It’s 10:11pm MT on election night and it would appear that despite nearly universal predictions to the contrary, Donald Trump is about to be elected to be the 45th President of the United States. Markets are in near freefall overnight, and the last figure I saw was DJIA futures off over 800 points, more than a 5% decline.
Of course what we’re going to hear non-stop for the next few days is ongoing comparisons to the Brexit vote. Unexpected, surprising, it rocked financial markets. And then what happened? Things calmed down, because that’s what things do over time.
I’ll go out and say I don’t think we have much of an idea what a Donald Trump presidency looks like. Predictions around him have failed again and again, so I won’t try. Here’s what I do know. Forever people have put too much credit and too much blame at the feet of the President when it comes to the economy. People who voted against Barack Obama in 2008 are loathe to admit that the stock market is up over 10% annualized during his presidency. Correlation isn’t causation, and the world economy is a complex place. Too complex for any single person to wield dramatic power.
I don’t know what happens next, so what I’m going to do instead is quote myself. In 2012, I wrote the following on election day.
Face it: the world is an increasingly complicated, intertwined place, and the same is true of the global economy. The running joke is that economists exist to make meteorologists look like geniuses. These economists are SMART. They have Ph.D.s, access to the most robust data you can find, brilliant experience and insight. And even they can’t predict, with any certainty, the next jobs number, let alone the direction of markets, the impact of a natural disaster, or what is really going on in China.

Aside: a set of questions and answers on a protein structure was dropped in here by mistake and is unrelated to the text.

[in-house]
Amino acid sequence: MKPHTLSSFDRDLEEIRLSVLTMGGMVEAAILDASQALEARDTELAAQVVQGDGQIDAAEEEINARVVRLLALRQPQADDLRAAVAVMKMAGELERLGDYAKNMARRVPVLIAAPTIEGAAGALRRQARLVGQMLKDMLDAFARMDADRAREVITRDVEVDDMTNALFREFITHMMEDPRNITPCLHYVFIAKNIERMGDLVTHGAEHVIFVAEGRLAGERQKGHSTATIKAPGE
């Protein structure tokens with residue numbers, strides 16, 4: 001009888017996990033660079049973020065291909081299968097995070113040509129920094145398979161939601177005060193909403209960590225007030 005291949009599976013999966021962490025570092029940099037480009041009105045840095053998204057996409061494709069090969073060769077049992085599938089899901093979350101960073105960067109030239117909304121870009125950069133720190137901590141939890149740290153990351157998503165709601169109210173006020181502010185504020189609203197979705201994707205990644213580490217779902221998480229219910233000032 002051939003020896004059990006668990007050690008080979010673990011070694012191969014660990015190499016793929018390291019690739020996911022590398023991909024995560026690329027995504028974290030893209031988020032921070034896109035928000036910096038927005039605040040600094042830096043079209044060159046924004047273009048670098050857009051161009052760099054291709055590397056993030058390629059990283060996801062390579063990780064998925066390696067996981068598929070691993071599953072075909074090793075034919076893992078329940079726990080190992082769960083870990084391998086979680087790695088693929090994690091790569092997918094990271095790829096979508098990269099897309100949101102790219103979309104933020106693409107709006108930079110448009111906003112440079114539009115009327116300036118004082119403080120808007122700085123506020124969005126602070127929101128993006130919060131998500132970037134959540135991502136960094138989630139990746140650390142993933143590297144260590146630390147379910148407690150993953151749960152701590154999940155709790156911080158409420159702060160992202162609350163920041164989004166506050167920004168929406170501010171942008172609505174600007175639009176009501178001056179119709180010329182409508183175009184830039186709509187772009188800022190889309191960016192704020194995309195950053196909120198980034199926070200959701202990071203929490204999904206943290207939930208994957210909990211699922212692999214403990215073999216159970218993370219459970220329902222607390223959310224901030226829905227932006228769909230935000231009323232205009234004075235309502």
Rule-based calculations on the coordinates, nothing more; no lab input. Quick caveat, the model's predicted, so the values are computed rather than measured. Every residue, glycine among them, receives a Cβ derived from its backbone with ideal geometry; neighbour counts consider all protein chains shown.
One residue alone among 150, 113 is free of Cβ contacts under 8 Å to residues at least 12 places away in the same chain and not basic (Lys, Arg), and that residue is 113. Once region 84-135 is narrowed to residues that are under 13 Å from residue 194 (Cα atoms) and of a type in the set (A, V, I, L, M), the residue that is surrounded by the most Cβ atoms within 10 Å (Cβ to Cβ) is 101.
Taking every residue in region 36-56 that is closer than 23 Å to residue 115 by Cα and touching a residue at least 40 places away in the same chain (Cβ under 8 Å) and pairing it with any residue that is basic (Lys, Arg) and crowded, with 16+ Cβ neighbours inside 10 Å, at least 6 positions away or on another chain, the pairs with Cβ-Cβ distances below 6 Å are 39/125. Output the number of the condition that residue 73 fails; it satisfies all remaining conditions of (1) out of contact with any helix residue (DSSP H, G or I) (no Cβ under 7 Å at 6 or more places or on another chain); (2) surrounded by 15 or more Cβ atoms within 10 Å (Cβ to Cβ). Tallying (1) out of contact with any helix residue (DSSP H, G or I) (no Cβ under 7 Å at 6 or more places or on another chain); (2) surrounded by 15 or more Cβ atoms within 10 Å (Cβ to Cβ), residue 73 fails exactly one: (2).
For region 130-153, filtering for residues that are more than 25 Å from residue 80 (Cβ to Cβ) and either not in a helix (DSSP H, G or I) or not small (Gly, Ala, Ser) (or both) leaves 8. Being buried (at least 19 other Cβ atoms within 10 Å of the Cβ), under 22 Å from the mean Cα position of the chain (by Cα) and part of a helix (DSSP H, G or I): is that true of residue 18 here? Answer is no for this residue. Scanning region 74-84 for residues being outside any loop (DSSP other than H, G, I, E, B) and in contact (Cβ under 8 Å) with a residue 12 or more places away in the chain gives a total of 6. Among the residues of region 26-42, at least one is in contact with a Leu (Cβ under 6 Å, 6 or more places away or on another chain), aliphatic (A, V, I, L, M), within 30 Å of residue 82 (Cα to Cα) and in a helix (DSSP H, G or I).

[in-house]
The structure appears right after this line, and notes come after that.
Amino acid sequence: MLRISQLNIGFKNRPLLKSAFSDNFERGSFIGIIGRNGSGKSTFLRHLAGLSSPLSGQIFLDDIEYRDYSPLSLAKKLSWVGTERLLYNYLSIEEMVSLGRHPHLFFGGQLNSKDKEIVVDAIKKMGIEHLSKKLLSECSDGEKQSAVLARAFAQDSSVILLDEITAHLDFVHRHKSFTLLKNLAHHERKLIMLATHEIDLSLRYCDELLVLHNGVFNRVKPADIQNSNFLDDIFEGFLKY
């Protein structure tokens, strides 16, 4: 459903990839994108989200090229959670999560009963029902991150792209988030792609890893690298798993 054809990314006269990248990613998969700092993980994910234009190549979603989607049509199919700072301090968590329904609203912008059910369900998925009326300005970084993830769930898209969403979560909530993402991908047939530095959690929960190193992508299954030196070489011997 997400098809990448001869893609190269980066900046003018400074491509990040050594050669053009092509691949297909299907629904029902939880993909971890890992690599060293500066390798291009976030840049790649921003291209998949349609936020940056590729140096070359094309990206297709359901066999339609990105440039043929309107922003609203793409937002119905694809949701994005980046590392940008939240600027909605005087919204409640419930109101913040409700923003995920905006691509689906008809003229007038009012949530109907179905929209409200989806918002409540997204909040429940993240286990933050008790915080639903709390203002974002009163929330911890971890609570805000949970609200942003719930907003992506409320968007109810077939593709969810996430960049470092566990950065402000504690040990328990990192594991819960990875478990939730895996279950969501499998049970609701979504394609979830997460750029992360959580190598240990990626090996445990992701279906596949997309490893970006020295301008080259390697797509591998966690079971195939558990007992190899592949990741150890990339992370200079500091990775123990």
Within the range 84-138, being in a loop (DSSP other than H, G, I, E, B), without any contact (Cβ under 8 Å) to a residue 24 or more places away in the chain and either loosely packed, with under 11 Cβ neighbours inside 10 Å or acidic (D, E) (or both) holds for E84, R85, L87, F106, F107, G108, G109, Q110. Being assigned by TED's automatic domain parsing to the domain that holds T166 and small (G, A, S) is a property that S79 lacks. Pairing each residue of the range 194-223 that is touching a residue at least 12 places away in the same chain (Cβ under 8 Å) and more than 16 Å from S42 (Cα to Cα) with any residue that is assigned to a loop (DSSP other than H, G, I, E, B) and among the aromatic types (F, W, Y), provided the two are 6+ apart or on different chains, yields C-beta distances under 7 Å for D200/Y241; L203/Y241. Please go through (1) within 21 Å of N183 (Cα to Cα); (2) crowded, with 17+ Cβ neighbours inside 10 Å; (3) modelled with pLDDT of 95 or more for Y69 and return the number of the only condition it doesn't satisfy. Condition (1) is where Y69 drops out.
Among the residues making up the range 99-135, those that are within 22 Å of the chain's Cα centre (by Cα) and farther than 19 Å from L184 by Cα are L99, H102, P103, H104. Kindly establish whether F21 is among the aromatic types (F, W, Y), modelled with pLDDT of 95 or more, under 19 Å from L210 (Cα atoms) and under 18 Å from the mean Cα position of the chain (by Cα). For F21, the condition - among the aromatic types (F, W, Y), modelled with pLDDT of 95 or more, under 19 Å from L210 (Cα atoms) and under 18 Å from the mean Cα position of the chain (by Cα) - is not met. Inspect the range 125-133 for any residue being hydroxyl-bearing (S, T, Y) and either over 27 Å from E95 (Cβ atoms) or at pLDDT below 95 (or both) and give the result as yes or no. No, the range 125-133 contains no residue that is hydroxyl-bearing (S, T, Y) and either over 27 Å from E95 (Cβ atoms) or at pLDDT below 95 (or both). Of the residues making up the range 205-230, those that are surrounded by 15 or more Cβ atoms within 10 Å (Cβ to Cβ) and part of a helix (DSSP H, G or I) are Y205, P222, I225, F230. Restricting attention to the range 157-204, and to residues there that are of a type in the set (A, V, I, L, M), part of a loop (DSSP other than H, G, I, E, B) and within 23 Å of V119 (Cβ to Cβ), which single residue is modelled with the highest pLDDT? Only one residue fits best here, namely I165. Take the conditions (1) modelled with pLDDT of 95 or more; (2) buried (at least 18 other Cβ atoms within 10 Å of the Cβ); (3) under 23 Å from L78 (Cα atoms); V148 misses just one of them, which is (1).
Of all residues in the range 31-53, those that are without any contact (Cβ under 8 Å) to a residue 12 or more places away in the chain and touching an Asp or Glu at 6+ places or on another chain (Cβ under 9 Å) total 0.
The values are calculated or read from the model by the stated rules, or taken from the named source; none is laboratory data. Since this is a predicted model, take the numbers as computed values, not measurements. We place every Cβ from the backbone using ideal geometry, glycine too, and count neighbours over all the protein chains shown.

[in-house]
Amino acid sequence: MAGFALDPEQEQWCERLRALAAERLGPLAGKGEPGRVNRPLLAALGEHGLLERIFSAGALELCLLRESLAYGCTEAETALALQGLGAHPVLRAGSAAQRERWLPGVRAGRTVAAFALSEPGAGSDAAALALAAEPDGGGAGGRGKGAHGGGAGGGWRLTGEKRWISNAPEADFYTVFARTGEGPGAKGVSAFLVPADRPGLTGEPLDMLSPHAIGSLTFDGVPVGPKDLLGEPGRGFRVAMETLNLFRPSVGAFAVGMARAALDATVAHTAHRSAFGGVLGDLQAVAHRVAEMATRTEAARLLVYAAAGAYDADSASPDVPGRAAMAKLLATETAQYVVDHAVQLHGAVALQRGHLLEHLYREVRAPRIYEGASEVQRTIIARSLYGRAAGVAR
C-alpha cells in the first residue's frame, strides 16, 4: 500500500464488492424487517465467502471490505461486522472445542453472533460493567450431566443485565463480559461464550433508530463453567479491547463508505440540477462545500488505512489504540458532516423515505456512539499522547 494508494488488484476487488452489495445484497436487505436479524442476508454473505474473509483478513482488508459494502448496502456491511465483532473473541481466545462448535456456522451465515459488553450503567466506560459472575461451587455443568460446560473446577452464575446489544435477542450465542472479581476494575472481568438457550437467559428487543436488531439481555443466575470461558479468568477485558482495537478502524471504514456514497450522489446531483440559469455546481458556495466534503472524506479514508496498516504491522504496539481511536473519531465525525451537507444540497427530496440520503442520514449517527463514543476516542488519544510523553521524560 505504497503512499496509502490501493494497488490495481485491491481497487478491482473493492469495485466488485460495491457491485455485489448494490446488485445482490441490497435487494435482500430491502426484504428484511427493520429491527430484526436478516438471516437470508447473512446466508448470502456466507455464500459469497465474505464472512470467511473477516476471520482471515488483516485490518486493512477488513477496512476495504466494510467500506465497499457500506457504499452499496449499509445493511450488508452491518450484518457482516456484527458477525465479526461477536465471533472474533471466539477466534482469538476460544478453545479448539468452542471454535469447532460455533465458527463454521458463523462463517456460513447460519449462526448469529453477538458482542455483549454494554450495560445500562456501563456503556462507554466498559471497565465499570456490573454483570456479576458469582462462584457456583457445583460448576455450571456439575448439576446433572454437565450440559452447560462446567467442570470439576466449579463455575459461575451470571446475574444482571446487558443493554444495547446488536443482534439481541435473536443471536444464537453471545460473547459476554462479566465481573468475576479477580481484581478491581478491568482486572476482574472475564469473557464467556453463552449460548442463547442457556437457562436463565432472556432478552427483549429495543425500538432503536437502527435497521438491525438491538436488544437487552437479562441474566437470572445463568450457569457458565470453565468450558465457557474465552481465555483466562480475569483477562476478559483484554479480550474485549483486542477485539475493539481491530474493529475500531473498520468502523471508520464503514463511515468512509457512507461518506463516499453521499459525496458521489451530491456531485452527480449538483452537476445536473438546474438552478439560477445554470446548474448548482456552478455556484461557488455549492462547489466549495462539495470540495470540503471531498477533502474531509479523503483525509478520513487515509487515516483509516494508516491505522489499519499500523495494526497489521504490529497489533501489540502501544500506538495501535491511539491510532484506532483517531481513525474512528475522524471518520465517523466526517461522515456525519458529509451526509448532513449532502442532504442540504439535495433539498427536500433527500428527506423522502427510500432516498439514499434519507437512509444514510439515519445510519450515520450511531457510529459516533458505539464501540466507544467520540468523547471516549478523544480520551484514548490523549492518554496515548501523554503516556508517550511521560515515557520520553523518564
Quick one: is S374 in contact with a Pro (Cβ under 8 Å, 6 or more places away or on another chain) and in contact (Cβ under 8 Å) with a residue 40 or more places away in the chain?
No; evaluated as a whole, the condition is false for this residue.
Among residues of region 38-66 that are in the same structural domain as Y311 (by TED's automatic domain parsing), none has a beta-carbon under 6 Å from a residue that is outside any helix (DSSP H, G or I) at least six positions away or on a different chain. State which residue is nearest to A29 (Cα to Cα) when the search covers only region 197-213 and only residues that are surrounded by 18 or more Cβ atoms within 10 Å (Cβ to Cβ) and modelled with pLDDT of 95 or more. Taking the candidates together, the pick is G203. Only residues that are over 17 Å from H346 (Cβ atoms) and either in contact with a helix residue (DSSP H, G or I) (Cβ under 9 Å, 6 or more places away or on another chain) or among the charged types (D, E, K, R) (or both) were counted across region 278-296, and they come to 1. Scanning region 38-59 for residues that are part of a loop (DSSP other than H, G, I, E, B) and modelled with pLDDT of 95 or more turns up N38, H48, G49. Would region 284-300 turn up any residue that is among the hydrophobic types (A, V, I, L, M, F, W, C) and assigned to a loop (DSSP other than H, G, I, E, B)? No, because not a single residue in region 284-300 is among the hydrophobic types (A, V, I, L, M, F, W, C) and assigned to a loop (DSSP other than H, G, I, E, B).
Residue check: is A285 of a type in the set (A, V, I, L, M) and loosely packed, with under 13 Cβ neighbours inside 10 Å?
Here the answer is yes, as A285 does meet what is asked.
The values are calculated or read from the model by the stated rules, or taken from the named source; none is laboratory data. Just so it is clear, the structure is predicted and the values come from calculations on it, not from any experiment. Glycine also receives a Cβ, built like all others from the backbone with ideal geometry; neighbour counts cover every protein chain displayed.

These economists fail not because they lack information, but because there is simply too much of it. There are infinite variables that affect the strength, direction and productivity of the global economy. One man or woman, even the leader of the free world, cannot flip a switch to set alight or destroy the global economy – there are simply too many other inputs to the equation.
So instead of fretting over results to be announced tonight, successful investors will recognize the long-term nature of success, and focus on reducing those factors that hinder their growing wealth: costs and taxes. All else is noise.
Go back to your lives, focus on what matters AND is under your control. Markets go up and down. Are you going to be a successful investor while they do?
For me, I’m going to bed. When I get up in the morning my investment strategy will be the same as it was 4 hours ago when the New York Times said there was an 80% chance our next president would be Hillary Clinton.